Honor Coffee, a Seattle-area chain that got its early start on a hoped path to market in China with a 2015 opening on Capitol Hill, has quietly closed one of its two cafes in the neighborhood.
The Honor cafe at 15th and Pine is dark and empty this week. CHS was told by a person familiar with the situation that Honor decided not to renew its lease for the space. We have not heard back from Honor Cafe’s Hana Hu about the closure. Continue reading →
Six more women have come forward with stories of sexual misconduct and assault against Seattle nightlife entrepreneur David Meinert. They include a musician, a journalist, and a woman working with the public relations and crisis communications firm Meinert hired to try to control the brewing storm around him.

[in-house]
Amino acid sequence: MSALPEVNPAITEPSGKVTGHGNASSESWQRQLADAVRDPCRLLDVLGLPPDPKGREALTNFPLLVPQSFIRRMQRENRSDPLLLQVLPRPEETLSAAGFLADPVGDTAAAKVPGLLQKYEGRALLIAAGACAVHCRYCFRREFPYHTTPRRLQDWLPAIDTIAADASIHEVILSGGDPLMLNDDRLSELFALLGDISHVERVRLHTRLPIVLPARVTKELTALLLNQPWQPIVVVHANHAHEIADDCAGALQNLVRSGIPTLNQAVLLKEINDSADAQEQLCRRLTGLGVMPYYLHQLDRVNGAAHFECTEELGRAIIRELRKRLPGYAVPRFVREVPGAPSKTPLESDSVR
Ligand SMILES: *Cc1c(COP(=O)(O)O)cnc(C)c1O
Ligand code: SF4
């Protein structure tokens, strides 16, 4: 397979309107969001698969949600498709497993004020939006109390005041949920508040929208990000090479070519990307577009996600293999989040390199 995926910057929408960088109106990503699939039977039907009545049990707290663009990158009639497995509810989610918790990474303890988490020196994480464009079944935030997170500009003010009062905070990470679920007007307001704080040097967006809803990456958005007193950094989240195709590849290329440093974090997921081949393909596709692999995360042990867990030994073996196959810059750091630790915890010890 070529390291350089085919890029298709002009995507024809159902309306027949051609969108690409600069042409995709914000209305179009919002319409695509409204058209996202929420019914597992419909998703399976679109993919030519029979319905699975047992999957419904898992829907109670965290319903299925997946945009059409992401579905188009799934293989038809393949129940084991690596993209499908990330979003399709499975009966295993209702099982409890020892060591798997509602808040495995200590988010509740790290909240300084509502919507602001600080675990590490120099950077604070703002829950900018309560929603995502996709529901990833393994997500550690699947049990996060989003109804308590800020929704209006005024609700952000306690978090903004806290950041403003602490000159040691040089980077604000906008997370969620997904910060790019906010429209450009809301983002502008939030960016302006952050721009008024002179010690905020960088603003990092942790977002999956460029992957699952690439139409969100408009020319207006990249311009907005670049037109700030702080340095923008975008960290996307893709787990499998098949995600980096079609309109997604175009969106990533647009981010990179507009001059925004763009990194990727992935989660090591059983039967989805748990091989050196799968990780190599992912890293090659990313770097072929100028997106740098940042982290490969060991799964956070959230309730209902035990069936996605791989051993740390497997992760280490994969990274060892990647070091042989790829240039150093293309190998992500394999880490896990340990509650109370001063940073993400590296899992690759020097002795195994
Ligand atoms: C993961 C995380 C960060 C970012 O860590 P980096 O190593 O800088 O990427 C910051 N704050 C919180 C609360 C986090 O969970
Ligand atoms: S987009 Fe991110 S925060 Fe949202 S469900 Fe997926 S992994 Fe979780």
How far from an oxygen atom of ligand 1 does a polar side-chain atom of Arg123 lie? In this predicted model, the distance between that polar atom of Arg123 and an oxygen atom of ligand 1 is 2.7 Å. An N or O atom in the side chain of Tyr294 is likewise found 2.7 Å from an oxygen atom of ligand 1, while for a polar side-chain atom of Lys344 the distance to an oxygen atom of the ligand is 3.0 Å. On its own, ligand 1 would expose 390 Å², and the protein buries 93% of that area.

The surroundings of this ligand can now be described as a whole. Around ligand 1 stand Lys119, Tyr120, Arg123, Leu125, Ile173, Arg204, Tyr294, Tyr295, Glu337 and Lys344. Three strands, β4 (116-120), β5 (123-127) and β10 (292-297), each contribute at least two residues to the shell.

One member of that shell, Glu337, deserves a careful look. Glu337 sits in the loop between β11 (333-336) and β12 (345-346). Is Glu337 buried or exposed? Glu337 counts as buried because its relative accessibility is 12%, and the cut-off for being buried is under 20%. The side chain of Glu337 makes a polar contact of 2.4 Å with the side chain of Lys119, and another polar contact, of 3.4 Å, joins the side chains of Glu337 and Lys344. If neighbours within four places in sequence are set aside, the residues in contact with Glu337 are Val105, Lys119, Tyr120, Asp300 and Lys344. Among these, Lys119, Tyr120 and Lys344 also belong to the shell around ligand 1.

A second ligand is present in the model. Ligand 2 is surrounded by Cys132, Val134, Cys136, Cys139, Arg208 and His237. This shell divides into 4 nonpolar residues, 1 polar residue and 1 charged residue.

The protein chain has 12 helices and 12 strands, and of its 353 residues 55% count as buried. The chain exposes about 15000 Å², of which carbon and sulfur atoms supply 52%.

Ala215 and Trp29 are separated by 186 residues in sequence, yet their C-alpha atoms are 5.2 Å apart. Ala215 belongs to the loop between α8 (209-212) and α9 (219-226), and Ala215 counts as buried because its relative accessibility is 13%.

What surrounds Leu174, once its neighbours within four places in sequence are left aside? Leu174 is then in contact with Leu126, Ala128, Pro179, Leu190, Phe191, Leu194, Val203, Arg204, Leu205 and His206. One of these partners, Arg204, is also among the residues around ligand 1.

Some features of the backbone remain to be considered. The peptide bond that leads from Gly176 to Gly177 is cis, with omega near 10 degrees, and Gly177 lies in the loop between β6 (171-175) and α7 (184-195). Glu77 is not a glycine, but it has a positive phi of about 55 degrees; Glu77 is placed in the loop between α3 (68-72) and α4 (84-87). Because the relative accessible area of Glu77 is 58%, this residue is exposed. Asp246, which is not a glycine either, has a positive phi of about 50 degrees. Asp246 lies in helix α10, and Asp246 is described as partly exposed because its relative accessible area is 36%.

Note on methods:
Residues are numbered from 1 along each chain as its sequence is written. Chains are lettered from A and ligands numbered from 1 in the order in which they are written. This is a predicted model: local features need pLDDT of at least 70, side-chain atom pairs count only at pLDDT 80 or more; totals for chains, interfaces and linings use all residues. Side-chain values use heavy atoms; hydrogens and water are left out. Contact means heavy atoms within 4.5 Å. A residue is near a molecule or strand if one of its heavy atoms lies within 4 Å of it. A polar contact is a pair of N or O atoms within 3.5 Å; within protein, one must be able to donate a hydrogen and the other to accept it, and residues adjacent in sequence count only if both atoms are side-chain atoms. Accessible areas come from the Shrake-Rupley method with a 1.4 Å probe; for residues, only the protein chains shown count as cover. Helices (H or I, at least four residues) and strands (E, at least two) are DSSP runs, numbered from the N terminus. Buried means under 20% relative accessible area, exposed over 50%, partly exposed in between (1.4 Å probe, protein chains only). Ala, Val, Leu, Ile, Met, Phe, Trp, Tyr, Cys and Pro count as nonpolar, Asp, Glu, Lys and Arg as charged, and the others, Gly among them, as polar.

Six more women have come forward with allegations of sexual misconduct and assault against David Meinert, the Seattle nightlife entrepreneur. These women contacted KUOW after reading an earlier story about Meinert, in which five other women had accused him of sexual misconduct, including sexual assault and rape. The addition of these women’s stories makes 11 accusers total. They span the years 2001 to 2015.
Last week, CHS reported on Meinert’s former Pike/Pine business partners buying him out of his Capitol Hill ventures including Lost Lake and the Comet. While Meinert has been removed as an owner on Capitol Hill, his money may still be involved in area businesses. Via Tribunali, one company CHS contacted during our reporting, told CHS it had also acted to distance itself from the 52-year-old. “I can confirm that David Meinert was separated from Via Tribunali immediately following the allegations against him,” owner Mike McConnell told CHS. “He is no longer a passive investor in any of our businesses.”